It was a daily struggle to judge how I felt and then honor what my body was telling me. I felt guilty for not pushing on. I was so used to discounting how I felt as an extraneous piece of information, with rather low priority. To write these things now seems strange. Why would a logical person not rest and recover when they are sick and tired? I guess stress guides us towards odd decisions sometimes.
Luckily, the fifth season of weather raged outside as I moped in bed wondering when I was going to feel better again. The snow fell, schools closed, deliveries were delayed and the streets were quiet. Even though the white stuff has remained on the ground, with more to come in the forecast, life has somewhat resumed to normal. The West coast is getting a reminder that we are indeed part of Canada, a land which largely gets a fair amount of snow in the winter.
So we adapt, the best we can. Even though tributaries of the Fraser river have ice chunks and shady patches of earth are still covered in white, there is a light at the end of the tunnel. The days are getting longer. Spring is coming. Chickadees are singing in the yard. There is nothing more enjoyable than the psychological effect of daylight and warmth on the horizon. As sure as the fact that the world spins on an axis, Spring is in the air. We survived another Winter. Phew.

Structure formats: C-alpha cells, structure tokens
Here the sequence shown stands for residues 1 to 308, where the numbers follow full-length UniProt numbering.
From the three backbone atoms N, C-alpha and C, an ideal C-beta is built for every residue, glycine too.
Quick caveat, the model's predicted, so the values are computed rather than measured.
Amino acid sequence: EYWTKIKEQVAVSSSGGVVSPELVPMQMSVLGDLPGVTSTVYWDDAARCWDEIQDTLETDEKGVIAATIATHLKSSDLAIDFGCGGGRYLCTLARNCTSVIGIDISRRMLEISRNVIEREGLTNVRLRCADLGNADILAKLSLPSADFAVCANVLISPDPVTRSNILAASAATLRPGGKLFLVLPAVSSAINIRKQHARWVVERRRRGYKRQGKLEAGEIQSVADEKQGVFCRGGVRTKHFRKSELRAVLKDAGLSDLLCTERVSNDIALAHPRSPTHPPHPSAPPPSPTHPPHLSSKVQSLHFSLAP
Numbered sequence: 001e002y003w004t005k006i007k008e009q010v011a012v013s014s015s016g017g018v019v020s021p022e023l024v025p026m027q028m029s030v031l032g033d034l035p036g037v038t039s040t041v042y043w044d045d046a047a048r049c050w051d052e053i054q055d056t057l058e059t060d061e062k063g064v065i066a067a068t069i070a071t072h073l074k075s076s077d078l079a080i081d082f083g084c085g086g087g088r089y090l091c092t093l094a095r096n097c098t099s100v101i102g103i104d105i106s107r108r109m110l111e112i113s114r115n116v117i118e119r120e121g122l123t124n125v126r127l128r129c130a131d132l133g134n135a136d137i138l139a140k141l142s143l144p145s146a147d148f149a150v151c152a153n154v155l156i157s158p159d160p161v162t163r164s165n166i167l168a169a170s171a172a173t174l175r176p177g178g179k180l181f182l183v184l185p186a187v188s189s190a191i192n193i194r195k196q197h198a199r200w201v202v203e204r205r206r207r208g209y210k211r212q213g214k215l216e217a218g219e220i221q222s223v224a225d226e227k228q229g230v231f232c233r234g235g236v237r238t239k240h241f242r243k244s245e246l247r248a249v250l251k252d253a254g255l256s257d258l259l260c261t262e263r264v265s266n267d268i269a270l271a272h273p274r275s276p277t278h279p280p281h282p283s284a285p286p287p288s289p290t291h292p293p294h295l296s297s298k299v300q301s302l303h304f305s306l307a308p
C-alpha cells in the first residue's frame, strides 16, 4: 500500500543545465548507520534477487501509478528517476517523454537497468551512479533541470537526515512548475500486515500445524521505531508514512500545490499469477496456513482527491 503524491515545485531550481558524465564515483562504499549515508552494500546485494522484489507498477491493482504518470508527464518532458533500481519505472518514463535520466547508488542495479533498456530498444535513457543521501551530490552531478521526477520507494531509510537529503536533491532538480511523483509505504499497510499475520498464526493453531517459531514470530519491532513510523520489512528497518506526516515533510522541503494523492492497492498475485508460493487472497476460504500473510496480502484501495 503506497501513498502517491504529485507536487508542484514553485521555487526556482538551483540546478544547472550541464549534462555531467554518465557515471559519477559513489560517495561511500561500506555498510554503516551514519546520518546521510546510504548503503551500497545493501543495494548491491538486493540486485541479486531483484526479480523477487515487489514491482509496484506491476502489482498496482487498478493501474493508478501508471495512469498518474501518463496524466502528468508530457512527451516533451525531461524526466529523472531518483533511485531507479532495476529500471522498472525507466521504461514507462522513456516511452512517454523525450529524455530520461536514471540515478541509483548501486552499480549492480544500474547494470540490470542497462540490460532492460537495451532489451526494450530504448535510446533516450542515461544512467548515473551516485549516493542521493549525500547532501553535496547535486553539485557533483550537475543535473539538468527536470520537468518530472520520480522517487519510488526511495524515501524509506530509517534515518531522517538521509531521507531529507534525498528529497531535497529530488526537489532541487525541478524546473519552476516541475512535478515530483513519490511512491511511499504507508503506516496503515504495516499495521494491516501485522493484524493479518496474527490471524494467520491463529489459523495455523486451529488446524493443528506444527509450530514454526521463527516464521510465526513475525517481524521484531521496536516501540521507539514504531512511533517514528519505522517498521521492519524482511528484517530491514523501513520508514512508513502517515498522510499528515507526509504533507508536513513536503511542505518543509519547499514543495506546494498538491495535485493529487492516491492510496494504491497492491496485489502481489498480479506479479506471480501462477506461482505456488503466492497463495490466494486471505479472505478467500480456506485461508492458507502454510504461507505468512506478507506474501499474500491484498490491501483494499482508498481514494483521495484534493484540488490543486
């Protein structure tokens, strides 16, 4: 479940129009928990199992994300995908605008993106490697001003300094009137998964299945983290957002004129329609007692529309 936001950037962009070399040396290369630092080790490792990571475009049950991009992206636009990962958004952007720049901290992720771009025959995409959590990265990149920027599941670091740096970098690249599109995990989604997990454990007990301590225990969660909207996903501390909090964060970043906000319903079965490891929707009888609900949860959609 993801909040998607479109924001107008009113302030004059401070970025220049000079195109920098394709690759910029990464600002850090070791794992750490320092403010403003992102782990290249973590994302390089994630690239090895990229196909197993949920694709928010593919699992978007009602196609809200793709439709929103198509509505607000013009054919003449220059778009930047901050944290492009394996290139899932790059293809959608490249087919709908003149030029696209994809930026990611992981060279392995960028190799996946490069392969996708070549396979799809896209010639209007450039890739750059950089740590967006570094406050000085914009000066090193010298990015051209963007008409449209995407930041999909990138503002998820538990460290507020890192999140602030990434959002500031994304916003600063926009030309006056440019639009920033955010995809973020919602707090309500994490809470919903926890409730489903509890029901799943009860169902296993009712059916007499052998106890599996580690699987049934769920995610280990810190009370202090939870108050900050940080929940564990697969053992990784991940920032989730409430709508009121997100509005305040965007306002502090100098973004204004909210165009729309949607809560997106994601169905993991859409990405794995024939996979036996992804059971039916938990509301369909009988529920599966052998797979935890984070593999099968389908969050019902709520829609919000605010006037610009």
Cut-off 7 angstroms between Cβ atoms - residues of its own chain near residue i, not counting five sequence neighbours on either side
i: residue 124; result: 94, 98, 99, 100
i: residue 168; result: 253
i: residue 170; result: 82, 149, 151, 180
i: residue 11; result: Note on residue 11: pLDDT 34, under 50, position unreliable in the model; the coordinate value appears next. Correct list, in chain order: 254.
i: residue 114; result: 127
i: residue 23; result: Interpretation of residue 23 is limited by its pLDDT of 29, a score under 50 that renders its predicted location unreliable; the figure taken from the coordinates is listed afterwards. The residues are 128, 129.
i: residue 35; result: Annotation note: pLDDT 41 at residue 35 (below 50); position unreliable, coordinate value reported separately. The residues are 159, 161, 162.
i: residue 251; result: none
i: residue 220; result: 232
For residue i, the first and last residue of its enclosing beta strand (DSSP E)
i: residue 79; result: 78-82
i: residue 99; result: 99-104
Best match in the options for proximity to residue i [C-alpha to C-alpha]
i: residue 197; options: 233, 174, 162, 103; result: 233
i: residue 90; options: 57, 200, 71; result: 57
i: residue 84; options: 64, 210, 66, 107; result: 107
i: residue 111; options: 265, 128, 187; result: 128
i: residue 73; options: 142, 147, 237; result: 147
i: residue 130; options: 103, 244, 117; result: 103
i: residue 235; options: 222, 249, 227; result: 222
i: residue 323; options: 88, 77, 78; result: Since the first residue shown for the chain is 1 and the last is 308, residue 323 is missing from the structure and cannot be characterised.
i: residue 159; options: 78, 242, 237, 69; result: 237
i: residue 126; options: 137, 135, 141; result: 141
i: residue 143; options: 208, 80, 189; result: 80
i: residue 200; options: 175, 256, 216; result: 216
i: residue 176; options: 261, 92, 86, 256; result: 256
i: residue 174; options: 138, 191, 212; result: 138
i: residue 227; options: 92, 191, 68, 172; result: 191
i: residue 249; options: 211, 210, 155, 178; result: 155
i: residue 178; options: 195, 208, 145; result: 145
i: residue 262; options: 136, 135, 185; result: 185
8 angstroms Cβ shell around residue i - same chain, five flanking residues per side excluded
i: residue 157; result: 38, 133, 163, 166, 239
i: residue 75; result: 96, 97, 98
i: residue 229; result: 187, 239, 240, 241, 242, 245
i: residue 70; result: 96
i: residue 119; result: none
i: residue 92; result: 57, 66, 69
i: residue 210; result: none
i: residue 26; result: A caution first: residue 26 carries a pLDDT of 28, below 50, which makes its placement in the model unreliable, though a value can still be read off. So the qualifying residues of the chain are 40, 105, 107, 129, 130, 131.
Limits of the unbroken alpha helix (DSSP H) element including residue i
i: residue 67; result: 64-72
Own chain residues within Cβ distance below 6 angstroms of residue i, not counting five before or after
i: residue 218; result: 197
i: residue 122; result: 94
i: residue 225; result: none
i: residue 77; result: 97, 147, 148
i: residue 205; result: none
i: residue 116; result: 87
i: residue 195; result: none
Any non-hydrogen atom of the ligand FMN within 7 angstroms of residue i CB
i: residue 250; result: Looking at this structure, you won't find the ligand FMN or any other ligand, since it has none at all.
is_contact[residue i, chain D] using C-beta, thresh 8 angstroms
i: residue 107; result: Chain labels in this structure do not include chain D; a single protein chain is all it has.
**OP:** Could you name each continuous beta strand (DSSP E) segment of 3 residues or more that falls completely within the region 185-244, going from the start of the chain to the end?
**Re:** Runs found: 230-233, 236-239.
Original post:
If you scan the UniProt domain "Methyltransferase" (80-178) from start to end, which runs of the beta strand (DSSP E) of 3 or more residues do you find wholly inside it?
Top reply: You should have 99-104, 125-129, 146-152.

By contrast, in the Southern hemisphere, late Summer is giving way to Fall. The days are still nice and warm, but the nights have a pleasant cooling effect. The winds are strong, almost carrying the change of season with the strength of their gusts. I know all this because last year we avoided the mess of winter on the West coast by being in South Africa, (among many other warmer places). The only strange thing about that was the month of the calendar did not jive with the experience outside. After almost 5 decades of winter in February, it is a trick of the mind to live in something completely different.